by Cate Robeson Pickens | Oct 21, 2019
Bingo, Raffles, and Casino Nights are all popular ways to raise money for nonprofits. But before you start fundraising, be sure your organization is compliant with these rules set by the Indiana Gaming Commission.
#1: Games of chance are illegal in Indiana. The three exceptions are 1) State of Indiana gaming, including the lottery. 2) Licensed Gambling, like riverboat gambling and pari-mutuel horse betting, and 3) Licenced Charity Gaming.
#2: “Charity Gaming” includes anything that involves pay-to-play games of chance. Your nonprofit might consider raising funds through raffles, bingo, drawings, door prizes, game nights, or festivals. These are all considered Charity Gaming, as well as any other activity where you raise funds by selling chances to win.
#3: Charity Gaming in Indiana does not include games of skill. If there isn’t an element of chance, it doesn’t fall under the charity gaming rules. This could include activities like “Buy a ticket, shoot a basket, and win a prize!” or buying a guess of M&Ms or the value of a gift basket. Your organization could even give a random prize for attendance under these guidelines, as long as all attendees are awarded one opportunity and cannot buy extra chances at the prize. Activities like the ones listed above do not require a license and are not regulated.
#5: You must file for a gaming permit with the State of Indiana before you can conduct charity gaming. Depending on the size of your organization and the size of the event, you may need to file other notices and licenses with the state. Visit the Indiana Gaming Commission website to see exactly which notices, waivers, or determinations your organization must file.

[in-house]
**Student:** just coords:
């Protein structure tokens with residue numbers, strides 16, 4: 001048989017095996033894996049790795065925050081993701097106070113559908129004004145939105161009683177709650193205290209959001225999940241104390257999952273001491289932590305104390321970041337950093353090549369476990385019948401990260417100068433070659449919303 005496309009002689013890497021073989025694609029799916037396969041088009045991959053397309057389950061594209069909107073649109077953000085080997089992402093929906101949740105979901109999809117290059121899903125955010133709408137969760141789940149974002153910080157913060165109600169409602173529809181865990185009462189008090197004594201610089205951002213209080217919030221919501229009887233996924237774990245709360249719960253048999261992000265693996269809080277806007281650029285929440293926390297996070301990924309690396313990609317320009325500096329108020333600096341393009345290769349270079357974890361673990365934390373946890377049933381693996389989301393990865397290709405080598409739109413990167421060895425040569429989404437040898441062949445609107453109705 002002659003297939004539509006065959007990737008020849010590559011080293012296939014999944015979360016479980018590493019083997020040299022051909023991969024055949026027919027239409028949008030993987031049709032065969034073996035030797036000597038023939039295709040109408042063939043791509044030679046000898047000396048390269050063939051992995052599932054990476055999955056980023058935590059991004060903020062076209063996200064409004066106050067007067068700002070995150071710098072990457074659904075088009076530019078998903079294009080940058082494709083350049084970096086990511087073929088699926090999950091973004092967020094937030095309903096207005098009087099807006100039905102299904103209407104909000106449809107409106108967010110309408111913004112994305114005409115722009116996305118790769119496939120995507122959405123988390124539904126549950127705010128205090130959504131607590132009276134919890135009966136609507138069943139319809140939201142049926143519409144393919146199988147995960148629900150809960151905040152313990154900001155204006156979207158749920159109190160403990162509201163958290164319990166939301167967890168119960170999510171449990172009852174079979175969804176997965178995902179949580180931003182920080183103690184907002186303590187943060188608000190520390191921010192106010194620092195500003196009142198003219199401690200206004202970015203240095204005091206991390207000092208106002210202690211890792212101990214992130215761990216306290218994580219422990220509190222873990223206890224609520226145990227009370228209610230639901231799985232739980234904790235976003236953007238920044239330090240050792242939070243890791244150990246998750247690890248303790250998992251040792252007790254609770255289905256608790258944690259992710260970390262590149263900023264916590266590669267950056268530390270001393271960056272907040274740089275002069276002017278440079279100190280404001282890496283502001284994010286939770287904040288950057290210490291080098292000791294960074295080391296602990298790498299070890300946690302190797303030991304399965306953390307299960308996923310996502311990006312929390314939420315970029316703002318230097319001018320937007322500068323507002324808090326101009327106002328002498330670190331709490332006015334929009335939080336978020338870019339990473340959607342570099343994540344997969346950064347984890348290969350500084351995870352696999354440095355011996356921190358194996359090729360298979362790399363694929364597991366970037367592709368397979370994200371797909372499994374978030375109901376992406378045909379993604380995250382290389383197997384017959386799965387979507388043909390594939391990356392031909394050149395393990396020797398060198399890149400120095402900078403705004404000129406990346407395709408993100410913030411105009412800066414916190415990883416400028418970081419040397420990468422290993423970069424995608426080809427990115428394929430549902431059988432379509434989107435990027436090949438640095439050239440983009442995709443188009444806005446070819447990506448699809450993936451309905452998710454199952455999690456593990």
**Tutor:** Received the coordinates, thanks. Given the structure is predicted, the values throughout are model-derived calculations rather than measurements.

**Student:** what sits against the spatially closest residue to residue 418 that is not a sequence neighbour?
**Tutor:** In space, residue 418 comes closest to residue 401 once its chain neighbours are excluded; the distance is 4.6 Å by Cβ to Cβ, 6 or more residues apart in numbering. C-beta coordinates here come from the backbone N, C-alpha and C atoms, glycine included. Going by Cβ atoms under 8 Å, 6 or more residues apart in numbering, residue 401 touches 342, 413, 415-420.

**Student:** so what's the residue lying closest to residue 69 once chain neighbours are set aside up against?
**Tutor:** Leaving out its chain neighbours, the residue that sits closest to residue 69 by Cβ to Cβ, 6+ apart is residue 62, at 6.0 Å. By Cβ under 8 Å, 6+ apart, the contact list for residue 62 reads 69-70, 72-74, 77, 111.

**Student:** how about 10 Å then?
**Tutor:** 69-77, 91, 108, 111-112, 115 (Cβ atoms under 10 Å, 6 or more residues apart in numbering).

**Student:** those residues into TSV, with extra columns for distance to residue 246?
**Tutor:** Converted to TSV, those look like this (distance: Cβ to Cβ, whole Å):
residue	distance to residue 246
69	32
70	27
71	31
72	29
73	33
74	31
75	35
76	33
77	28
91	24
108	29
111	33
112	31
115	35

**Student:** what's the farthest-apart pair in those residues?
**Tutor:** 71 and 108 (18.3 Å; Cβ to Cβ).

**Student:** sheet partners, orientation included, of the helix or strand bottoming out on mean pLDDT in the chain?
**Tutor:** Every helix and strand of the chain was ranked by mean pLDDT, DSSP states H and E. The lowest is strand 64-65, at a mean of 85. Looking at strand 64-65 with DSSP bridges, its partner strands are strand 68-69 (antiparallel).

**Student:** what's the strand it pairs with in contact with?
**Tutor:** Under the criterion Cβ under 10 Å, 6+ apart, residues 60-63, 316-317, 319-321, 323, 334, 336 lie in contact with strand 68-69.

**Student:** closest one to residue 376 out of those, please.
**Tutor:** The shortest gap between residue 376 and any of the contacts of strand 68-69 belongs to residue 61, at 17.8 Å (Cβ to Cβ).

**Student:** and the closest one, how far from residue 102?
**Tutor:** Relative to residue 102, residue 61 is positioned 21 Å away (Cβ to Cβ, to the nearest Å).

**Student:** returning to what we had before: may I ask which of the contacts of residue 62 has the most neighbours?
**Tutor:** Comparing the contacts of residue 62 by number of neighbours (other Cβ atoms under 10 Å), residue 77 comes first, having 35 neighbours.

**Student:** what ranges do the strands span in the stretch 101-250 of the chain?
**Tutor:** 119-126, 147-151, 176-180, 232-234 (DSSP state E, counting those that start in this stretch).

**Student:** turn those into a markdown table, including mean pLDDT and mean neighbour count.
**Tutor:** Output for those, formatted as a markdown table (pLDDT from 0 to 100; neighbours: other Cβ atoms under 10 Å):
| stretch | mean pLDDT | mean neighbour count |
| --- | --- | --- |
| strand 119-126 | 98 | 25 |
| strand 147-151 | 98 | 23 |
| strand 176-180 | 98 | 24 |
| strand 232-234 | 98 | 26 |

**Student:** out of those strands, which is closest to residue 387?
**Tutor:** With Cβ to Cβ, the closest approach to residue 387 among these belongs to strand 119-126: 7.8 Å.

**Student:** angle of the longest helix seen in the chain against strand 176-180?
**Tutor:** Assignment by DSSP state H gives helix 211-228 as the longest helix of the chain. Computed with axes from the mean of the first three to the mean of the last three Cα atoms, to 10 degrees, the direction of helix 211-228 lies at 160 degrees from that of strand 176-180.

#6: Your charity gaming permit has limitations. Prizes must be under $1,000 per event, and under $7,500 annually. If your organization exceeds that limit, it must file a license per event.
#7. Only members of the sponsoring organization can participate in organizing and conducting the event. Strict rules apply to who can and can’t be involved in charity gaming. Only adults can play and participate, including organizing, handling money, filing reports, and selling tickets. Minors can only be involved by selling raffle tickets; they can’t otherwise buy raffle tickets, handle money, or be involved in planning the event.
#8: Violations can incur penalties up to $5,000 per violation. Violations include unlicensed gaming, of course, but also inaccurate reporting. Your
For more information on Charity Gaming, visit the Indiana Gaming Commission website at www.in.gov/igc
by Cate Robeson Pickens | Oct 21, 2019
A Whistleblower Policy provides protection to nonprofit members, board members, or staff who report activity within an organization that they believe to be illegal, dishonest, unethical, or otherwise improper. Click here to download a PDF of this sample Whistleblower Policy provided by the National Council of Nonprofit Associations.
To download the policy, click here. This material is for your use, but while the author of this document is an attorney, she is not your attorney. The author recommends that you (a) review any forms carefully and modify them to suit your particular circumstances and (b) have your attorney review the materials before implementation to be sure that they are legally appropriate for your organization.